Κολέγιο CITY College
Main Campus, Thessaloniki, Greece
29 October 2020

The English Studies Department encounters Margaret Atwood

The new academic year finds us resuming classes in a familiar and yet altered reality due to the Covid-19 pandemic. The Personal and Professional Development Seminar series offered by the English Studies Department similarly resumed but in an online capacity. Launching the series in the Autumn 2020-21 semester on Tuesday, 20th October 2020, is Dr Filio Chasioti’s seminar titled: “It was dark inside the Wolf”: Margaret Atwood and her Worlds demonstrating not only an intriguing approach and insight to Atwood but also raising awareness towards this oscillating sense of the familiar and the ability to defamiliarize.

Dr Filio Chasioti’s seminar titled: “It was dark inside the Wolf”: Margaret Atwood and her Worlds

As expected from any avid fan but even more so from an avid researcher, Dr Chasioti initially introduces and provides context to the author, Margaret Atwood, whom most of us probably know due to the TV series adaptation The Handmaid’s Tale (2017-). She establishes thematic areas that Atwood’s short stories and novels touch upon such as social realism, historical fiction, dystopian novels and – as Atwood has characterized them – ustopian novels.

Drawing on Atwood’s MasterClass on writing, Dr Chasioti utilizes the phrase “It was dark inside the Wolf” not only to remind us of the well-known fairytale Little Red-Riding Hood but even more so to point out the different perspectives from which a story can be told that could defamiliarize us from what we already think we know. This element of focalization segues the topic towards the focus of the seminar, the MaddAddam trilogy (Oryx and Crake (2003); The Year of the Flood (2009); MaddAddam (2013); a series that delves into areas such as the ‘ethics’ of science, corporate exploitation of resources, exploitation of the environment and ‘ecological utopianism’, post-humanism, role of spirituality ultimately deeming the series a ‘coming-of-age’ story of the speculative dystopian/ustopian genre.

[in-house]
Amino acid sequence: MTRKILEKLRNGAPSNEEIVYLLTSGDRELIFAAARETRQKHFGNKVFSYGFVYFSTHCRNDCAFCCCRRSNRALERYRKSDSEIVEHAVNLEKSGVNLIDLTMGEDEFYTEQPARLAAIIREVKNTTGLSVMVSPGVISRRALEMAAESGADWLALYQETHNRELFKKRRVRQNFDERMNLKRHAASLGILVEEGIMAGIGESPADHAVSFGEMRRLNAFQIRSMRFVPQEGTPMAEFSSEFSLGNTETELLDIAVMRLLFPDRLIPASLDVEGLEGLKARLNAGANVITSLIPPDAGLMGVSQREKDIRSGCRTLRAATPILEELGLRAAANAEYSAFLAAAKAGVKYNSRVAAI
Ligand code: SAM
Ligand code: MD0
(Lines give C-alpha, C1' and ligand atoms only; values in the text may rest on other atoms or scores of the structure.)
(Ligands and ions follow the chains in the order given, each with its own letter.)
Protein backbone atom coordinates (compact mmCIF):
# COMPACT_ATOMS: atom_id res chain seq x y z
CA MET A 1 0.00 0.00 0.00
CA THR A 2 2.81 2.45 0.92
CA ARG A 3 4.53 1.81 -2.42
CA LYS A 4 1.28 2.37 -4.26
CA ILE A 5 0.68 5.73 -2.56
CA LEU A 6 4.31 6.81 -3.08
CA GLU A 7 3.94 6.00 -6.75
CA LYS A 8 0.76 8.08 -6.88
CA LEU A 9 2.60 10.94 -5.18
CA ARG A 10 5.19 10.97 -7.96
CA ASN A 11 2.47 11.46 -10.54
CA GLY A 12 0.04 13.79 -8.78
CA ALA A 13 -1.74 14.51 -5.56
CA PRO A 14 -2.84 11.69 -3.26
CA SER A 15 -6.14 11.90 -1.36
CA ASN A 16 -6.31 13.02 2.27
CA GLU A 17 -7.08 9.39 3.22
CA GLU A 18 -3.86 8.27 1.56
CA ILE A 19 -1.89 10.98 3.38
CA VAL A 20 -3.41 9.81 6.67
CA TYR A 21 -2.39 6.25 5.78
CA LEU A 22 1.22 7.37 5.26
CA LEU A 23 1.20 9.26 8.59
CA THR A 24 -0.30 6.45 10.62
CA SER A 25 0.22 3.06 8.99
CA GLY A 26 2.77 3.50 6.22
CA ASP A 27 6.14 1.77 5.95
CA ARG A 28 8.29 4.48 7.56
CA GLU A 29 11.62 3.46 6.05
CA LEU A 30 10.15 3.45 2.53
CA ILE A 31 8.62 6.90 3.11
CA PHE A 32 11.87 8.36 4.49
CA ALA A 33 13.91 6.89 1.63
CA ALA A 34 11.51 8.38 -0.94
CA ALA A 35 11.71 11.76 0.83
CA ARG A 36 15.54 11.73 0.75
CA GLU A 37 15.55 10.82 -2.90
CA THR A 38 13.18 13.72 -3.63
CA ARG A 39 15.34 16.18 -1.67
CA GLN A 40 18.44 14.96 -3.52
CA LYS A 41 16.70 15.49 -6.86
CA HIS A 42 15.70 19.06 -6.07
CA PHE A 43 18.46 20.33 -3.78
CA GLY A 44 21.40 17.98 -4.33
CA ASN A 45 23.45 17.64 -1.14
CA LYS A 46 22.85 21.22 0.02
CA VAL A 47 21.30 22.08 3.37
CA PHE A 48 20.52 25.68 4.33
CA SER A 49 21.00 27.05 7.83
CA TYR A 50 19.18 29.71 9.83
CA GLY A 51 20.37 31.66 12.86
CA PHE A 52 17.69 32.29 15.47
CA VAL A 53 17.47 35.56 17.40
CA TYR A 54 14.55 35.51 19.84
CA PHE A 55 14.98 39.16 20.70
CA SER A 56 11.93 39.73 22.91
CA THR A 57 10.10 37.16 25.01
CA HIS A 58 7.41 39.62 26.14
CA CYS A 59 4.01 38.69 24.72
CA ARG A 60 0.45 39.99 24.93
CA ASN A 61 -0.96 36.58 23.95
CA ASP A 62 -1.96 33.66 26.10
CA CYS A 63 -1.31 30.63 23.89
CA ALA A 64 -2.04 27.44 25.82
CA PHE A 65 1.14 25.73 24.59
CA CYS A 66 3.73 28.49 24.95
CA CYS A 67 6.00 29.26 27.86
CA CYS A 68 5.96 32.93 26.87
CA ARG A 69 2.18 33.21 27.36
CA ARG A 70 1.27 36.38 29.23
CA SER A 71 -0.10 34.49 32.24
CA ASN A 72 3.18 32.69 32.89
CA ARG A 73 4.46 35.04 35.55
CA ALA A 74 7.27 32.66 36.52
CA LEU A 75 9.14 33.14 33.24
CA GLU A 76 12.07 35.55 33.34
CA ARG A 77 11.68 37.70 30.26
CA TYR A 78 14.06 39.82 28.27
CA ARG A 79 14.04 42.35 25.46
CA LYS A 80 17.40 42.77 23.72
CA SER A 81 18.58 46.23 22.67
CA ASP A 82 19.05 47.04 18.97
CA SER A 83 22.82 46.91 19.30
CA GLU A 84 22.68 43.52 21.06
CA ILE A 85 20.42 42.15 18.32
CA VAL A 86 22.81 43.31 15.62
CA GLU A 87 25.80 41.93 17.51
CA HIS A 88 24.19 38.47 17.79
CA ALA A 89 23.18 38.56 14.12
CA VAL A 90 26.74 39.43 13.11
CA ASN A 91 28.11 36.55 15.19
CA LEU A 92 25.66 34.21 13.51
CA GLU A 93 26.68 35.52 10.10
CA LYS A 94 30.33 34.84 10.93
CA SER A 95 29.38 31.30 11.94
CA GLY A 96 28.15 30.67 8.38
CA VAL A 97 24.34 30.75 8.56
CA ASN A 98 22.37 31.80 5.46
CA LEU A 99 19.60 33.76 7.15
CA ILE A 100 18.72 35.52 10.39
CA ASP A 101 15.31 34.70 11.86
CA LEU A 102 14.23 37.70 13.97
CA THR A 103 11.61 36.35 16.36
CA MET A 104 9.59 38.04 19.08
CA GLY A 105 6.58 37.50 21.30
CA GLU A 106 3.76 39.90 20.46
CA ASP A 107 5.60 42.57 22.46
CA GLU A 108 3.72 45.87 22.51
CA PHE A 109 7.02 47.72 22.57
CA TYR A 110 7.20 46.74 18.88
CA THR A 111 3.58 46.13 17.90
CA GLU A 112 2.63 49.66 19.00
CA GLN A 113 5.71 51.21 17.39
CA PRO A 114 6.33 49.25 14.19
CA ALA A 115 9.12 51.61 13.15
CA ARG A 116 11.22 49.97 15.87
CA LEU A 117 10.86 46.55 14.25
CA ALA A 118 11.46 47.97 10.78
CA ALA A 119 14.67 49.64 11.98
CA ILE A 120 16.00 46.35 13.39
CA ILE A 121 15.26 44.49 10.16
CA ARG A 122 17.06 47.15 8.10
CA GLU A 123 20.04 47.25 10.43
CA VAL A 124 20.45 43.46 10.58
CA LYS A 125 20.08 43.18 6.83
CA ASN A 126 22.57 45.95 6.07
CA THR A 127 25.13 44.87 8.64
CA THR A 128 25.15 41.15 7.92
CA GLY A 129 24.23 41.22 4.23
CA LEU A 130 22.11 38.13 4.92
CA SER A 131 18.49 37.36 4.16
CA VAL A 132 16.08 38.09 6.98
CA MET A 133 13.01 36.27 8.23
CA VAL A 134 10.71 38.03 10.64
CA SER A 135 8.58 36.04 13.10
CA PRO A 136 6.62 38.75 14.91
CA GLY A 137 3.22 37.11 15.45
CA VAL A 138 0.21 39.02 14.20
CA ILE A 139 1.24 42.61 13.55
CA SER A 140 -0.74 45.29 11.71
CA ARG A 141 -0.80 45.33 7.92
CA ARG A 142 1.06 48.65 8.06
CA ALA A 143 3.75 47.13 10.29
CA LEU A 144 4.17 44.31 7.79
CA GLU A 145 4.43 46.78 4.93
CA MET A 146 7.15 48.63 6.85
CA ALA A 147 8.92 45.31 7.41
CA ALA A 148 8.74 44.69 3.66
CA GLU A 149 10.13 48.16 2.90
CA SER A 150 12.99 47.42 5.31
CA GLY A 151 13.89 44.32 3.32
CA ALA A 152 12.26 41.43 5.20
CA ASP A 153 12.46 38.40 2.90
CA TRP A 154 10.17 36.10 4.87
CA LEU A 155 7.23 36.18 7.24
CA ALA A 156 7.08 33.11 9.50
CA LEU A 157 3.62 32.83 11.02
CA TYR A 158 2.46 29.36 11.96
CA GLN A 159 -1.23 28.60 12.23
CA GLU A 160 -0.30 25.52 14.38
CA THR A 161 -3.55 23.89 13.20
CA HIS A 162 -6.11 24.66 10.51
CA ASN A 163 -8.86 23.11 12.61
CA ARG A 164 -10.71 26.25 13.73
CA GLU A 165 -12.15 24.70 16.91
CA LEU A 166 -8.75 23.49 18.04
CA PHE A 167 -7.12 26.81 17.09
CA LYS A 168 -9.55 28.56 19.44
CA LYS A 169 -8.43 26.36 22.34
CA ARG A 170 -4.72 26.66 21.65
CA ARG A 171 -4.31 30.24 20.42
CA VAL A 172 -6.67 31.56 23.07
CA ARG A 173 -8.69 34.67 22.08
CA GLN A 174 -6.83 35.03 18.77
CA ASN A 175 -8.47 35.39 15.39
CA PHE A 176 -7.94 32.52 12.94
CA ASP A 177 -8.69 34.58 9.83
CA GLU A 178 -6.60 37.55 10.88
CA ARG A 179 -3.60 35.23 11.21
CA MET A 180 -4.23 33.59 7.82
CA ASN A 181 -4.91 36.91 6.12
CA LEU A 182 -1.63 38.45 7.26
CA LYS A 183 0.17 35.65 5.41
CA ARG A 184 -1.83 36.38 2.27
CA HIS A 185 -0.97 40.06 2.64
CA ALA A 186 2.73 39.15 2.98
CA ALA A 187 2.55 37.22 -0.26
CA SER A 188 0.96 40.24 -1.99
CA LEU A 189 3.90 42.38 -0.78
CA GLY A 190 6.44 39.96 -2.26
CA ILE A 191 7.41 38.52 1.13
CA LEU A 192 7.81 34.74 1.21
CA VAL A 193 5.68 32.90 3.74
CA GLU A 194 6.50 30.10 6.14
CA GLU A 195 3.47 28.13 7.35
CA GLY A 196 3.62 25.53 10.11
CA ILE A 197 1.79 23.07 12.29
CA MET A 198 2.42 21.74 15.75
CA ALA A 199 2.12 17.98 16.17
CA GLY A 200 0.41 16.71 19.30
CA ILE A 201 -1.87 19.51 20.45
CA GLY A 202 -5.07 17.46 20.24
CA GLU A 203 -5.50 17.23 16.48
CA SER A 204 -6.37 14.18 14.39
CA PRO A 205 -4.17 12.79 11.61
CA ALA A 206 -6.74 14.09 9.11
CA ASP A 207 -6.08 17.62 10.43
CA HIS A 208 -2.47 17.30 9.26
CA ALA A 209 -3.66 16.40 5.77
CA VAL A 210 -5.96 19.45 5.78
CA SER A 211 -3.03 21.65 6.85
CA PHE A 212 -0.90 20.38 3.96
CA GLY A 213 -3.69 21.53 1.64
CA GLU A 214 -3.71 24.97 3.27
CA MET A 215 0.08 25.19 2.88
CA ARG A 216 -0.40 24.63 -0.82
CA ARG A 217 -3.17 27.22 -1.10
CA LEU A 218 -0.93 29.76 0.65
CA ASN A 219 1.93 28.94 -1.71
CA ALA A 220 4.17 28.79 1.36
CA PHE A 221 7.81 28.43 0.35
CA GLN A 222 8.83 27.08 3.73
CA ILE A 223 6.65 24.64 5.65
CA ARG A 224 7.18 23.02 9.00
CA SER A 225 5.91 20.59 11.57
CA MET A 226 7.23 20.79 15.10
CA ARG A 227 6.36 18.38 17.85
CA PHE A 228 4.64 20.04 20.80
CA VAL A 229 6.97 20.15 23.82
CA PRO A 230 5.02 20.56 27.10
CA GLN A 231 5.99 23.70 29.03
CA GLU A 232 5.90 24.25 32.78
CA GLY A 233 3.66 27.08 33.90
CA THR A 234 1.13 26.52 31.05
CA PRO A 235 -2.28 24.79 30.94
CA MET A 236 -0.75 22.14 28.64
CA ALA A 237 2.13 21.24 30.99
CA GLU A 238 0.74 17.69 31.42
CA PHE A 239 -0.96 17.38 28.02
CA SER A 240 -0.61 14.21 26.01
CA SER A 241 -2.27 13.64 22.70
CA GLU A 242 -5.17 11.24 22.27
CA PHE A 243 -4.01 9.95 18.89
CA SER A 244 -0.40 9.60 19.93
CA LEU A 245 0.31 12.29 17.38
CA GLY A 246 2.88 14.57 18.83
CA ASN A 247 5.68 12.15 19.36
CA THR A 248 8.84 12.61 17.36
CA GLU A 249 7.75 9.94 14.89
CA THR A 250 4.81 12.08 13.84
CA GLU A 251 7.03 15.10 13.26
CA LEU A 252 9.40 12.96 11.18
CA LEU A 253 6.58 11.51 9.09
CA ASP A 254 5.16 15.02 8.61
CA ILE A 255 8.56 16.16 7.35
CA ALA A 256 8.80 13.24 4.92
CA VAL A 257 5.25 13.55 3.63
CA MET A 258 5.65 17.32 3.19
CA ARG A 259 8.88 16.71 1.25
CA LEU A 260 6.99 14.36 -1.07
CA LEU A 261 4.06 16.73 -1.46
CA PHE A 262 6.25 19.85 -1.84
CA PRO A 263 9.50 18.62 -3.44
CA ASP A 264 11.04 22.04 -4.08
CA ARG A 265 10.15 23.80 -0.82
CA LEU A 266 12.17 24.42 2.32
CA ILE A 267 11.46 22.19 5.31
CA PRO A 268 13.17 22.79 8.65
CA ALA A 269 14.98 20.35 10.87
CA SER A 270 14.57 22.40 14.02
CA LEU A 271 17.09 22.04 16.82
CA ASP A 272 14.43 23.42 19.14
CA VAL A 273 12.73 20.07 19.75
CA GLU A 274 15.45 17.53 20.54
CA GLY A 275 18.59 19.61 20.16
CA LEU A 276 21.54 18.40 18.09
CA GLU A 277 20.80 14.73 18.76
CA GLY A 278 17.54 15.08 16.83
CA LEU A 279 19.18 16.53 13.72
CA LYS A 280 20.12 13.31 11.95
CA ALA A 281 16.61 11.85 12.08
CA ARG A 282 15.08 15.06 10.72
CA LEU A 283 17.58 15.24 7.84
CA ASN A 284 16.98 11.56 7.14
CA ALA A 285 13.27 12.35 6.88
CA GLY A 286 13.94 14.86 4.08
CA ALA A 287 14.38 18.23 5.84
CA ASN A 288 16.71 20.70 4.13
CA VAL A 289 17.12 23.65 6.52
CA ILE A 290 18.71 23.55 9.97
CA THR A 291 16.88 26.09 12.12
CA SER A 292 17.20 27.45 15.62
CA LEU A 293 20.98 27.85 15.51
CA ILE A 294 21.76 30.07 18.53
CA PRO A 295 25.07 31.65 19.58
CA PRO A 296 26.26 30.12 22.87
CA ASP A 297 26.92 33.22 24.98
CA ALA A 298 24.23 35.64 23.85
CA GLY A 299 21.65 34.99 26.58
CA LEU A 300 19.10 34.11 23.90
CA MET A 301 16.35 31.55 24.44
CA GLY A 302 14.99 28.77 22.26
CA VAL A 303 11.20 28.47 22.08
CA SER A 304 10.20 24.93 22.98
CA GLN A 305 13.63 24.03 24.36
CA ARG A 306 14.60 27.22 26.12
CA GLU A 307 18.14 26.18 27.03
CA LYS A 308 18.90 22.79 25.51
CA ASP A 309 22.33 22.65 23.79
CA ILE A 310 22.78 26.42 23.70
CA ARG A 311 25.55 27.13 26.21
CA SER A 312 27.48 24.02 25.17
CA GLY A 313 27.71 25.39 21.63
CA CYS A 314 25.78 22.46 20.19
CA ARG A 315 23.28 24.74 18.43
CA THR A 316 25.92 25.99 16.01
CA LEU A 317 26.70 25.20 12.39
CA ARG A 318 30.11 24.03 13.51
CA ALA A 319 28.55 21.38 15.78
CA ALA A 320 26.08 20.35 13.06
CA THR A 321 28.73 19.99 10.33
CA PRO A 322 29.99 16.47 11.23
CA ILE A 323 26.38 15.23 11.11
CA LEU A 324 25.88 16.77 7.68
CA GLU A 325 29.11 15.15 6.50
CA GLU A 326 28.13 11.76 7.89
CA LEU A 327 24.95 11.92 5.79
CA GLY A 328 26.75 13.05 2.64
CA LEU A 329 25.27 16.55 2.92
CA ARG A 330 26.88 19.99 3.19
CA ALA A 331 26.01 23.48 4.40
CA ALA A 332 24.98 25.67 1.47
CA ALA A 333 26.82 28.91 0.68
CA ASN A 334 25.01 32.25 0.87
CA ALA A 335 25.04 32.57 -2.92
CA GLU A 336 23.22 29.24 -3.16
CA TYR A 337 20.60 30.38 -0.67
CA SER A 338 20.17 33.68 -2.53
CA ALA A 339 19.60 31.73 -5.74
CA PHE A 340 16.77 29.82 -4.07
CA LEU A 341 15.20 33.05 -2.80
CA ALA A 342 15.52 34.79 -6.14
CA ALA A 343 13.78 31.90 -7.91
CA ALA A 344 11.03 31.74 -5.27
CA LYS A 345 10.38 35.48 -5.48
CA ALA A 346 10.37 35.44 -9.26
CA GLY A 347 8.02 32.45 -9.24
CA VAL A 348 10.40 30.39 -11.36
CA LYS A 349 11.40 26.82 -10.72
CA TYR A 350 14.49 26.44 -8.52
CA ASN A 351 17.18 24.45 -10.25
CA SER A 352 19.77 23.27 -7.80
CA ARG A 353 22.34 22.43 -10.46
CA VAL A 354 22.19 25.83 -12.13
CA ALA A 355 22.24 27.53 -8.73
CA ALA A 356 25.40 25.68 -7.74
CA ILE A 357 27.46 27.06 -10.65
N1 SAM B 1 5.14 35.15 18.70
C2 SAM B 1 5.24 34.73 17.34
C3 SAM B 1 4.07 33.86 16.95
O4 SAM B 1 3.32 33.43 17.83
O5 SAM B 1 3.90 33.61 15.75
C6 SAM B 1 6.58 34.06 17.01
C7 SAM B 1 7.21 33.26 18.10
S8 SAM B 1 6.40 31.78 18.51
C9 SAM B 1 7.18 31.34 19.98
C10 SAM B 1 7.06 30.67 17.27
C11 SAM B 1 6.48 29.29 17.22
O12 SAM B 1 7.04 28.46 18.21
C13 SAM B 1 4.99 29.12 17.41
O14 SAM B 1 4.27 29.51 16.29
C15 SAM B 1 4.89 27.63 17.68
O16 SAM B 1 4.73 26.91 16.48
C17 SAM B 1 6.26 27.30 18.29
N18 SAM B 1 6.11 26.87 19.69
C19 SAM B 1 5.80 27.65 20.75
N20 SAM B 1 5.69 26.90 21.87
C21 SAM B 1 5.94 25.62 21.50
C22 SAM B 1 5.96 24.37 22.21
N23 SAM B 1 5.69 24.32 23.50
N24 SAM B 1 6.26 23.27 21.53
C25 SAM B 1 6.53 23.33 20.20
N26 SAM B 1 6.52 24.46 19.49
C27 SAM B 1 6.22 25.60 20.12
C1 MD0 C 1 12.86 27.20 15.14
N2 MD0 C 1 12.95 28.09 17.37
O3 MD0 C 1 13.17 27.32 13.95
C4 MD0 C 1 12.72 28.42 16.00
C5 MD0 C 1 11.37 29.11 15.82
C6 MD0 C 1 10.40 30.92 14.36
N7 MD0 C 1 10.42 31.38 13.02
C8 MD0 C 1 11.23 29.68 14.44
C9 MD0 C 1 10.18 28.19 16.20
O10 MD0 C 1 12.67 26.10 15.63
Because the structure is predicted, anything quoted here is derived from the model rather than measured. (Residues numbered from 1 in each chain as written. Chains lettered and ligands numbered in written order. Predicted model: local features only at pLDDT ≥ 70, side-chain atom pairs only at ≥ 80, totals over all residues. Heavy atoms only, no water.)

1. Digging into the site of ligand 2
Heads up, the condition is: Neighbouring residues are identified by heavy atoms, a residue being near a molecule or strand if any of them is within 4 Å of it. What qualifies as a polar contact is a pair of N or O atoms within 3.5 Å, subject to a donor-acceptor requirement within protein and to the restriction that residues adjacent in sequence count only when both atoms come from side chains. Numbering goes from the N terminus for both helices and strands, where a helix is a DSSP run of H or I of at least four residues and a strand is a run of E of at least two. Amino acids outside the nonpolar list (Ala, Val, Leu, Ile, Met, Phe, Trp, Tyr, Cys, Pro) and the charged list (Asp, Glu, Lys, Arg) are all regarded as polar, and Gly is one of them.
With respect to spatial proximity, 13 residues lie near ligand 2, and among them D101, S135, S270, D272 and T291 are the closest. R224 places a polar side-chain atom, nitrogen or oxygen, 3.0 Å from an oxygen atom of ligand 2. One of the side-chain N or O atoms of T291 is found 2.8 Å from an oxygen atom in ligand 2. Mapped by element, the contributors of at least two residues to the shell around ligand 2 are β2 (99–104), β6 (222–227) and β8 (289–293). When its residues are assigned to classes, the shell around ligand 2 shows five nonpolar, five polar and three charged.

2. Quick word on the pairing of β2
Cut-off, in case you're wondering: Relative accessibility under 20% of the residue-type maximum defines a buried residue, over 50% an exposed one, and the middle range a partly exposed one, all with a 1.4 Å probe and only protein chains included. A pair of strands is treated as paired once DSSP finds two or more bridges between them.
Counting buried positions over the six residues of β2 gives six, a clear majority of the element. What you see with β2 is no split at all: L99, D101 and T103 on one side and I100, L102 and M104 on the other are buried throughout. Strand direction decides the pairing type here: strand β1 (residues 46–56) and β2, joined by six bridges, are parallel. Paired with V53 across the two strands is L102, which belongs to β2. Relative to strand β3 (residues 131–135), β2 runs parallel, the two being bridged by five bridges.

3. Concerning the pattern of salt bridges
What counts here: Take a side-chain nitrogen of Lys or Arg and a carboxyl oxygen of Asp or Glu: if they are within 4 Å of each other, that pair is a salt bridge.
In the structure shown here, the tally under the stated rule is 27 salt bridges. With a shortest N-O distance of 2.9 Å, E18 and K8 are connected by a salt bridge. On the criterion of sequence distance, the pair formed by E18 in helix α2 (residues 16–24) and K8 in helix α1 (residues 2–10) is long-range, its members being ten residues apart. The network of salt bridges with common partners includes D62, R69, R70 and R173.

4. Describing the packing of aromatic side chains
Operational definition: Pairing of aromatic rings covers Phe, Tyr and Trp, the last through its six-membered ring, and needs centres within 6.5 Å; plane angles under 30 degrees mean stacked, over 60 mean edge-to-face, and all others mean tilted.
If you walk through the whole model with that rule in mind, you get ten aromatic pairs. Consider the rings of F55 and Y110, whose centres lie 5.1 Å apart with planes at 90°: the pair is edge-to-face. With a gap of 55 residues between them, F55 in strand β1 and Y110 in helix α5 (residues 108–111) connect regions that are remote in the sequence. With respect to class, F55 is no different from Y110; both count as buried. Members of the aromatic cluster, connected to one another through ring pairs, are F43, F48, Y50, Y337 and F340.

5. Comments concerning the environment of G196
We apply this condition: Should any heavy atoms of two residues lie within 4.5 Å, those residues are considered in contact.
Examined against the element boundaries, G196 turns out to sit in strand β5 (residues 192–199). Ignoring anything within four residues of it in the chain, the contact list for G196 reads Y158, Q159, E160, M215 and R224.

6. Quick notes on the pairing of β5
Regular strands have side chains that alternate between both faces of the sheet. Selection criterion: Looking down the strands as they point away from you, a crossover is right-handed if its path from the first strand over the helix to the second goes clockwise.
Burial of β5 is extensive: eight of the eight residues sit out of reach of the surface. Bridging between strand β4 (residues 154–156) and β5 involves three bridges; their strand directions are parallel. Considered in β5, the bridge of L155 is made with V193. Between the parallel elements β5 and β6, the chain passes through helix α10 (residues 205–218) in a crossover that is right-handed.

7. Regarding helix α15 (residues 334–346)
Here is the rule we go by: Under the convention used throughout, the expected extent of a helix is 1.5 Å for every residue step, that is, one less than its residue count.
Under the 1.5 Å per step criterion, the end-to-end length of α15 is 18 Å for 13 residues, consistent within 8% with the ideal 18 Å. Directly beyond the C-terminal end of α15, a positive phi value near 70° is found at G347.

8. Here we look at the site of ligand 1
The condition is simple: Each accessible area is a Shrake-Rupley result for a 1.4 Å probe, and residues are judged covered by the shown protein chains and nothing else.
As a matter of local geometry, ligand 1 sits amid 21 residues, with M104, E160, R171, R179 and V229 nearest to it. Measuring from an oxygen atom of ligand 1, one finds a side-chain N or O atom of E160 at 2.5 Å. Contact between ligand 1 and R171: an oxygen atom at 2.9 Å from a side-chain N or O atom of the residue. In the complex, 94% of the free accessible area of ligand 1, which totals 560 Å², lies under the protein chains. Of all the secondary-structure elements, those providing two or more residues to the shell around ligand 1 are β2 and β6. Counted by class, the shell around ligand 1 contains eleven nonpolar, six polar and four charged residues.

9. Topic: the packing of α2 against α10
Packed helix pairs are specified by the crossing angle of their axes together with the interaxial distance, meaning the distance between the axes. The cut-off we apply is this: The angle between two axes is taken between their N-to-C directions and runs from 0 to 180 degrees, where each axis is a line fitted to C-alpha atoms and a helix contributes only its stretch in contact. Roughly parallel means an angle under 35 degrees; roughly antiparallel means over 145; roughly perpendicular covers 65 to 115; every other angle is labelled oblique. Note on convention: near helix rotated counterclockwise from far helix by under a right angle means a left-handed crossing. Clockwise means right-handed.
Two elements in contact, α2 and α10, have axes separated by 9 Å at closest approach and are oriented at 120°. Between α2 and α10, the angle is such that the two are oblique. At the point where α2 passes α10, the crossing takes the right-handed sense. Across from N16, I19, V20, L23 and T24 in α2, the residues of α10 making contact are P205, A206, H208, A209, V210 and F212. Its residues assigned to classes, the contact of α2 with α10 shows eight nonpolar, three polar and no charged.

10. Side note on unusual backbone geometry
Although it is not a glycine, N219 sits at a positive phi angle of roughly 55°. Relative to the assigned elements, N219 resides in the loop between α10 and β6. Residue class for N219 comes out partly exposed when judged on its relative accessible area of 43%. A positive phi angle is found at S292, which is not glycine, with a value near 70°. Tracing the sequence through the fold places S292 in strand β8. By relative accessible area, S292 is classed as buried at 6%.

Dr Chasioti highlights some prevailing features in the series, namely multiple focalizers, different narrators, intertexts and the significance of memory. What is noticeable, according to Dr Chasioti, is that at a narrative level, readers are constantly estranged through multiple viewpoints, different timelines, unreliable narration, quality of memories, while at a textual level Atwood presents some unique and intriguing elements the style and function of which permits her to make the story active.

In other words, Dr Chasioti highlights the ability of the author to intertwine narrative and textual style to such a degree that makes the story mutable, makes the reading experience of it (and not solely the adaptation audio-visual experience) even more unique and invites one to consider if the dystopia evident in the novel series ( as well as in other stories Atwood has created) is indeed “only” dark or if there is, as Atwood tends to stress, light and hope in dystopias/ustopias.

It is no secret that dystopian fiction and apocalyptic, or post-apocalyptic texts are trending or may be over-marketed. What is encouraging, though, is to see how certain authors, like Atwood, challenge us as readers to reconsider and re-evaluate not only the genre(s), the stories/narratives but also the textual components that reveal how they are told thus potentially revealing that ‘silver-lining’, that element of ustopia.

 

back
Change your Cookies Preferences